Kazakhstan Police Shut Down another Crypto Farm

Another crypto mining facility in Kazakhstan was shut down by the law enforcement authorities in their ongoing crackdown against illegal crypto mining activities in the country. The particular facility was located at a railway station and it is the latest mining operation to be targeted in Kazakhstan, which has been dealing with a power deficit. Since last year, the country has become a hotspot for crypto mining and has been trying to limit the activities in this sector. After China imposed a ban on the crypto industry back in May 2021, mining activities had shifted to Kazakhstan because of the low cost of energy.

This year, the Kazakhstan government has targeted illegal mining facilities, even though the energy-hungry crypto industry has been considered responsible for the blackouts and electricity shortages in the country. More than 100 crypto mining farms were recently shut down and an official announcement said that some of these also included registered mining activities that had shut down their operations ‘voluntarily’. Now, law enforcement authorities raided yet another crypto mining facility. According to reports, the crypto mining farm had been set up in a room on the Kundyzdyrailway station’s premises.

The Transport Police Department of Kazakhstan had carried out the search and 130 crypto mining units had been found by the officers, including spare parts and hard drives. They have seized the mining equipment and have also launched a pre-trial investigation. According to a high-ranking police official, they cannot disclose other information because of Article 201 of the Criminal Procedure Code. Due to the capped electricity rates in the country, Kazakhstan had been a rather promising destination for crypto miners who were forced to move out of China. However, mining operations in the country had become a target in the past weeks because the country wants to deal with the growing power deficit.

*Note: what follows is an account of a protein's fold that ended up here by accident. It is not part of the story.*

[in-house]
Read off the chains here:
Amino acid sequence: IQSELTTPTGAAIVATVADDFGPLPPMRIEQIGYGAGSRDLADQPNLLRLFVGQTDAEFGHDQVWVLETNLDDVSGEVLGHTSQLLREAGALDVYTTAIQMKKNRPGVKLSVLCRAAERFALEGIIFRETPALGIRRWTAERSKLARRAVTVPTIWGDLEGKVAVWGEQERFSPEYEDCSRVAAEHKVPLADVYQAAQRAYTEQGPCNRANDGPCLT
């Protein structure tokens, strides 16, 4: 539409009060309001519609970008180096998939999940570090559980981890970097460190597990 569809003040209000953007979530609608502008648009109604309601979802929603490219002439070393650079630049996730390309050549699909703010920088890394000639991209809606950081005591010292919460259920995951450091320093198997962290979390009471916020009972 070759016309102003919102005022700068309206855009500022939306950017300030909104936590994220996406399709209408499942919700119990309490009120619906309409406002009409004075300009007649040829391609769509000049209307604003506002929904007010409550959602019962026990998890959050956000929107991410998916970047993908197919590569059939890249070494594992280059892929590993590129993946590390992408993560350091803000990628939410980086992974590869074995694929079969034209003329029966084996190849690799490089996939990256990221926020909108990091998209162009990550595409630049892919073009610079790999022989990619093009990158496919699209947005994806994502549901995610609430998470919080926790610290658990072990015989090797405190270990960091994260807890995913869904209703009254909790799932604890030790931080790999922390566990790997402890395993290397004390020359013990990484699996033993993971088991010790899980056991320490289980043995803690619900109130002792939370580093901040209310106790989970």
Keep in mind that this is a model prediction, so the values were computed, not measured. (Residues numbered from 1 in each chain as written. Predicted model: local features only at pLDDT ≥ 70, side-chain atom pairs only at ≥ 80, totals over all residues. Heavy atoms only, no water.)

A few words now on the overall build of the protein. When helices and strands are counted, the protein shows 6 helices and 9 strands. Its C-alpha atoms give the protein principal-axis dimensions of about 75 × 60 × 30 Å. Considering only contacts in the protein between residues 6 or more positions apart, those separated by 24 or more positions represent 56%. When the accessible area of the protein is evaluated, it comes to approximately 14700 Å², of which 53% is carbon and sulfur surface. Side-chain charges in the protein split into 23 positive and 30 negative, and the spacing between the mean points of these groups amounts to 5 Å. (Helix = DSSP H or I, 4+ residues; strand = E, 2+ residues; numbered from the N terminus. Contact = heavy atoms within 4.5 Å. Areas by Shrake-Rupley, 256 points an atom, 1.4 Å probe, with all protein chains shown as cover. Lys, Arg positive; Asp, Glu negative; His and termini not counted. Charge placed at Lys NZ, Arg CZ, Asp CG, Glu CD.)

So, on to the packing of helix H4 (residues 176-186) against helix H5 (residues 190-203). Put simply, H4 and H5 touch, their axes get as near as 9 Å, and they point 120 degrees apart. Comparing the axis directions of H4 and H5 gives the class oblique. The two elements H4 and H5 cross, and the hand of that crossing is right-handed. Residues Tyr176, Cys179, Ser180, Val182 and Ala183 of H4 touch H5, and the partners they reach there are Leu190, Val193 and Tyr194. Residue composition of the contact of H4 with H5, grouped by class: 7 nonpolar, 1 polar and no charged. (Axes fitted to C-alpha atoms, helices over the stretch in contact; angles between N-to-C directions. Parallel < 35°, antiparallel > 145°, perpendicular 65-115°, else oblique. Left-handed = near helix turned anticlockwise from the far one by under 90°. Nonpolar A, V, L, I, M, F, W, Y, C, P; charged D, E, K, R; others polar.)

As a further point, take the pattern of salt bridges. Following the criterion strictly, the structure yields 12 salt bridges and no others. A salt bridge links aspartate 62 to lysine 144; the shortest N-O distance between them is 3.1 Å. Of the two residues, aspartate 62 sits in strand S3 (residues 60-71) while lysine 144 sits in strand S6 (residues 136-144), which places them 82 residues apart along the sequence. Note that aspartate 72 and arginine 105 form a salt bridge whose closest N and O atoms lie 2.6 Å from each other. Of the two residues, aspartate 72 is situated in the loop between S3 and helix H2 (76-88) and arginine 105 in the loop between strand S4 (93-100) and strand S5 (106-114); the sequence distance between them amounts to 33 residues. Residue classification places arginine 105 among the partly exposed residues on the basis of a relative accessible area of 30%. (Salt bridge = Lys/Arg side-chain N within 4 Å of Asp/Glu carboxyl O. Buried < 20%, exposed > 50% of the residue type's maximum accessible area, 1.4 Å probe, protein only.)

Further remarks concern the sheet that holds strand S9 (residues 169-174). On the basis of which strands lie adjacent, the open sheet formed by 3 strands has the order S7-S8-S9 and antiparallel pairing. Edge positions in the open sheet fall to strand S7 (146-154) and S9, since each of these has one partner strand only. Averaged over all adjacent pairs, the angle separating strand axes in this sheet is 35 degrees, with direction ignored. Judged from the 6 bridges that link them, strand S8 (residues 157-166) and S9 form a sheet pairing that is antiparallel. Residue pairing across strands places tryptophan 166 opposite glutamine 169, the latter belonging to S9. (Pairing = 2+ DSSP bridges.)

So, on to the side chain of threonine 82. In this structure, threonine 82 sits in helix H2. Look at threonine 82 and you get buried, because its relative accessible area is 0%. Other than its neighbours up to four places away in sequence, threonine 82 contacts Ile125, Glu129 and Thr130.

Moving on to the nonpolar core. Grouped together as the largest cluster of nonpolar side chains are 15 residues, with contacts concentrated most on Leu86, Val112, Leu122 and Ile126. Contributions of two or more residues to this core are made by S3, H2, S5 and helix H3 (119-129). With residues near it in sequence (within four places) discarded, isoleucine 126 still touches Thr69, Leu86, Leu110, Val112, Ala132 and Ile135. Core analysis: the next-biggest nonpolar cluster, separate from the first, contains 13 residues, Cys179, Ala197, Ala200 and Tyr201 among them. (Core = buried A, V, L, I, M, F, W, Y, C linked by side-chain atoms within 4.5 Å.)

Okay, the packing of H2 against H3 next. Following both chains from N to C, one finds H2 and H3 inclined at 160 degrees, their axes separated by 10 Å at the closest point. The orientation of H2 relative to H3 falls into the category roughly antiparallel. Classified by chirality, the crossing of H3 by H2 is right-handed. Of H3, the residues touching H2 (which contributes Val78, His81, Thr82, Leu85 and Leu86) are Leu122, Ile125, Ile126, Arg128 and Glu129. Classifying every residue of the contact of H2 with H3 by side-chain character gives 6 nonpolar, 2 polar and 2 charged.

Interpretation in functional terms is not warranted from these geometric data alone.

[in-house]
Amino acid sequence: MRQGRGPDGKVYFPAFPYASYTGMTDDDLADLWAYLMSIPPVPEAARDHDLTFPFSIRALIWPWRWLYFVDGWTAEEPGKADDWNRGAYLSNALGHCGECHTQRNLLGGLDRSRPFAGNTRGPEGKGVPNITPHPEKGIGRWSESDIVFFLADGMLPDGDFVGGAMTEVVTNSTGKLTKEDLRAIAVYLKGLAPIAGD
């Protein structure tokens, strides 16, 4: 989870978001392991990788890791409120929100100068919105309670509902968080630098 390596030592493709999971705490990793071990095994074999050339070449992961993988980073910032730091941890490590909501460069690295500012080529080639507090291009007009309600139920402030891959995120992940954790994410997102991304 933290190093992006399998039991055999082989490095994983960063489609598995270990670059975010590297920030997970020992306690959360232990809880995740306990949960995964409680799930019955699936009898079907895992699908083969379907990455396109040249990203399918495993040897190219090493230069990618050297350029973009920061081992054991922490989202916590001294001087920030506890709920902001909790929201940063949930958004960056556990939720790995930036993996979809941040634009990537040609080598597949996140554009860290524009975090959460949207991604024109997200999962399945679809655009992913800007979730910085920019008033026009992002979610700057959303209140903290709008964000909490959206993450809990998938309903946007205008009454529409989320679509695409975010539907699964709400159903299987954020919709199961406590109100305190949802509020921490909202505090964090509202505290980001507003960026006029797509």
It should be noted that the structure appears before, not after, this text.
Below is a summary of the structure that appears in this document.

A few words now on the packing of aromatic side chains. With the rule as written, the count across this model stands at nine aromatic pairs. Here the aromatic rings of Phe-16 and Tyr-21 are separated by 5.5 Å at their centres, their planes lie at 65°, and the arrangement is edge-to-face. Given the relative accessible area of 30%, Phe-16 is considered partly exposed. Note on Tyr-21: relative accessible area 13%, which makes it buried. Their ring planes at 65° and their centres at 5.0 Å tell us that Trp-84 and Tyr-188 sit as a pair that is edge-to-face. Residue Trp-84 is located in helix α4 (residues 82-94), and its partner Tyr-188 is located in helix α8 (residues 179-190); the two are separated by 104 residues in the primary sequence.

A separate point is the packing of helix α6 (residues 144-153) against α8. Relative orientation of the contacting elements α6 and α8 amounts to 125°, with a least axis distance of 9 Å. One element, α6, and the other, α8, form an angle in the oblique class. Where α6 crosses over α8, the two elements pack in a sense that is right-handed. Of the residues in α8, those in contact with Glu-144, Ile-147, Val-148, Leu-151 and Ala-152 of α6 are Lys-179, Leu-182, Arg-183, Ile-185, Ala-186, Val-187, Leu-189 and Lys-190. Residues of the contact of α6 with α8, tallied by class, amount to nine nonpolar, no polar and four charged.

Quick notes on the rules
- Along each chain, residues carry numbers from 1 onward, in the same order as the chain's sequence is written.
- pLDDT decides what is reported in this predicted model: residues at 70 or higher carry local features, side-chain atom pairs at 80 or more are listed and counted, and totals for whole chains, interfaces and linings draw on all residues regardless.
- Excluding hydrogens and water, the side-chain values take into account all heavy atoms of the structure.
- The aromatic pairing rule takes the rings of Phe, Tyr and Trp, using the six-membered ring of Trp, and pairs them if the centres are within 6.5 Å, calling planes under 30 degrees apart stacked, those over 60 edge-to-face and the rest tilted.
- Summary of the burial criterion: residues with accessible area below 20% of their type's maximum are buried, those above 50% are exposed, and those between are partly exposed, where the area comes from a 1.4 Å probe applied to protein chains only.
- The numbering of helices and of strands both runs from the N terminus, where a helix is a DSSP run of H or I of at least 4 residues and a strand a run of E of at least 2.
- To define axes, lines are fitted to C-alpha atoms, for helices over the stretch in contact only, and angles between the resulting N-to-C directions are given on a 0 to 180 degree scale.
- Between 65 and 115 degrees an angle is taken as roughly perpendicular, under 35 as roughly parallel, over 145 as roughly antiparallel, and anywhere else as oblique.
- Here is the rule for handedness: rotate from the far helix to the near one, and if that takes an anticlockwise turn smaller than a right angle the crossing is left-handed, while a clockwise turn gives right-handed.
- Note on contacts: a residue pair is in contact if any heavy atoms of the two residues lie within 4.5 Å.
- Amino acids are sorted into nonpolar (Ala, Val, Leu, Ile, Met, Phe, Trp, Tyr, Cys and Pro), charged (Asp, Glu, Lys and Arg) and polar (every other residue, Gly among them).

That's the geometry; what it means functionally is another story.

Many illegal crypto mining farms were removed from the grid and the cold winter months saw a number of registered mining companies dealing with power cuts. The crackdown has been covered by the local media. The Financial Monitoring Agency was tasked by President Kassym-JomartTokayev in February to identify all the mining operations with the assistance of other government bodies. A number of inspections have been conducted by the watchdog in which they have verified customs, tax and other technical documentation.

In January, Kazakhstan had experienced a great deal of political turmoil because of the constant interruptions in the power supply. This had forced a number of mining companies to shift their operations to other countries, such as the United States. The National Association of Blockchain and Data Center Industry disclosed in late February that most of the authorized miners had already shifted about one-third of their mining equipment out of Kazakhstan. It had also warned the country that it would not be able to retain its leading position when it comes to the power it contributes to the bitcoin network. Nonetheless, the government has continued its crackdown against mining operations in order to deal with their power deficit.

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